A cyber attack on Shields Health Care Group, Inc. may have compromised the identity and medical information of approximately 2 million people, the imaging and outpatient surgical center company disclosed.
Shields said the compromised data could include full names, social security numbers, dates of birth, home addresses, provider information, diagnoses, billing information, insurance numbers and information, medical record numbers, patient IDs, and other medical or treatment information. Shields said it is still conducting a review of the impacted data, and didn’t have evidence that any of the information from the incident was used to commit identity theft or fraud.
Shields said it notified federal law enforcement, would report the incident to state and federal regulators, and planned to directly notify impacted individuals where possible after it completes a review. The company notified federal officials of the breach on May 27.
Heath Renfrow, co-founder of FENIX24, a Tennessee-based cyber security restoration company, said there has been a steady increase of cyber attacks since 2015, particularly on health care. Hackers typically use stolen data to ransom companies for money, or they sell it on the dark web.
Sanctions on Russia temporarily slowed cyber attacks, Renfrow said, as they prevented many Russia-based attackers from getting paid. But attacks are now on the rise again as actors pivot to partner with ransomware groups not subject to sanctions.
“Health care has a soft underbelly,” Renfrow said. “It’s an easy target.”
Shields said on its website that it had first identified a security alert around March 18 but hadn’t discovered any data theft. The company then was alerted to suspicious activity on March 28 that may have involved a data compromise. A subsequent investigation showed that an unknown actor gained access to Shields systems from March 7 to March 21, and had acquired data.
“Shields takes the confidentiality, privacy, and security of information in our care seriously,” the company wrote in a memo on its website. “Upon discovery, we took steps to secure our systems, including rebuilding certain systems, and conducted a thorough investigation to confirm the nature and scope of the activity and to determine who may be affected. Additionally, while we have safeguards in place to protect data in our care, we continue to review and further enhance these protections as part of our ongoing commitment to data security.”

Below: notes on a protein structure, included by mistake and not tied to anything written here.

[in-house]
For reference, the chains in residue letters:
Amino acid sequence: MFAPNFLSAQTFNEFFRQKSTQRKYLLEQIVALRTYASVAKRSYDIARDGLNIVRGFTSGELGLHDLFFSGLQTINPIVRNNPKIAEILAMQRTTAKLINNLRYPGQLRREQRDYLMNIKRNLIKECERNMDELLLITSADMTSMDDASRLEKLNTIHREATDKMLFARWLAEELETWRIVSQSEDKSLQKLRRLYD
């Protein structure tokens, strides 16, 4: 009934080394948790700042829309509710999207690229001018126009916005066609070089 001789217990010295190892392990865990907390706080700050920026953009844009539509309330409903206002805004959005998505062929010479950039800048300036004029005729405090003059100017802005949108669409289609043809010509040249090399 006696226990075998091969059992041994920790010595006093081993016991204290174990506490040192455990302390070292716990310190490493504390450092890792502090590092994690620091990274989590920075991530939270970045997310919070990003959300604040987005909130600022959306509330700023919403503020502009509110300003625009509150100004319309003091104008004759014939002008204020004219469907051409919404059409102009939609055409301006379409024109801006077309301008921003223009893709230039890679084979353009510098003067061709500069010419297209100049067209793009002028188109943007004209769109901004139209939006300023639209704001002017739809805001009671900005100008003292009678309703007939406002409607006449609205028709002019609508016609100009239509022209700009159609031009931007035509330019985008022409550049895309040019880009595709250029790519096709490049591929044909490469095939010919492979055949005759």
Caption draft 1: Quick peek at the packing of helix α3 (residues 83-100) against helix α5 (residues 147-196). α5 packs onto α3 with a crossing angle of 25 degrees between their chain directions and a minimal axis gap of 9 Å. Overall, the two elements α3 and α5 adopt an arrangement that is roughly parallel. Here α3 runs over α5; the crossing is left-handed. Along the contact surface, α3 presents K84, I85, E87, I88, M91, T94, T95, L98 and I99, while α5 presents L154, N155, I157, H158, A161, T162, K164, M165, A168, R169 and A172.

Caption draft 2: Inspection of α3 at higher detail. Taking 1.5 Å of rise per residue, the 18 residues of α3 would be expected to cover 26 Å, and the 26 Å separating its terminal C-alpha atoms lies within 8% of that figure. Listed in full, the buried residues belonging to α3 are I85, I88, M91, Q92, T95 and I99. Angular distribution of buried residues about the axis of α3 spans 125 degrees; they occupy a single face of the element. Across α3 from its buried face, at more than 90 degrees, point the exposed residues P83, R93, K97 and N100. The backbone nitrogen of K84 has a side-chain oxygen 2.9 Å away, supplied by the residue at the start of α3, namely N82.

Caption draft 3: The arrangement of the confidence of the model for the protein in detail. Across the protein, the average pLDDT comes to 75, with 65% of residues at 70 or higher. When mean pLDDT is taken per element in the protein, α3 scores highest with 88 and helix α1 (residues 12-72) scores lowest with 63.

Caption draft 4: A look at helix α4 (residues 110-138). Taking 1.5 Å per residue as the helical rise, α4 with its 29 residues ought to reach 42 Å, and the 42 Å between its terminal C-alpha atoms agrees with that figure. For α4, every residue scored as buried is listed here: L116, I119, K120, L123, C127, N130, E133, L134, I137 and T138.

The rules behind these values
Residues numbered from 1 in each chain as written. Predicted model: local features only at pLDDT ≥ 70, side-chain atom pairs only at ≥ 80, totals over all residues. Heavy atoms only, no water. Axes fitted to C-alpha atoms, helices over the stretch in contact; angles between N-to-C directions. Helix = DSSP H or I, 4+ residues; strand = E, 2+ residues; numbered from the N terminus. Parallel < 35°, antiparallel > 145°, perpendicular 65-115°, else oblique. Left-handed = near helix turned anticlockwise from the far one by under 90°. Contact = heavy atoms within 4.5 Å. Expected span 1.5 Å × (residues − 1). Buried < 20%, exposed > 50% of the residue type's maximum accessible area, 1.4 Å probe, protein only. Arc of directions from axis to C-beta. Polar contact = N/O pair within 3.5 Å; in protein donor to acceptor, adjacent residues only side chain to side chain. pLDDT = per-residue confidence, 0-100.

A company spokesperson did not immediately respond to requests for comment.
The breach was first reported by Health IT Security.
The breach may have impacted over 50 health care facilities, including a number of health systems and hospitals throughout the state that receive management and imaging services from Shields. The list of potentially affected facility partners included UMass Memorial Health, Baystate Health, and Tufts Medical Center.
Details of the breach come just a week after FBI Director Christopher Wray disclosed at a cyber security conference that the federal agency had thwarted an attempted cyberattack on Boston Children’s Hospital last year by a hacker group sponsored by the Iranian government.
Hospitals have been on high alert since March, due to security concerns as the war in Ukraine continues, as well as security breaches on health care companies last year.
Jessica Bartlett can be reached at email@example.com. Follow her on Twitter @ByJessBartlett.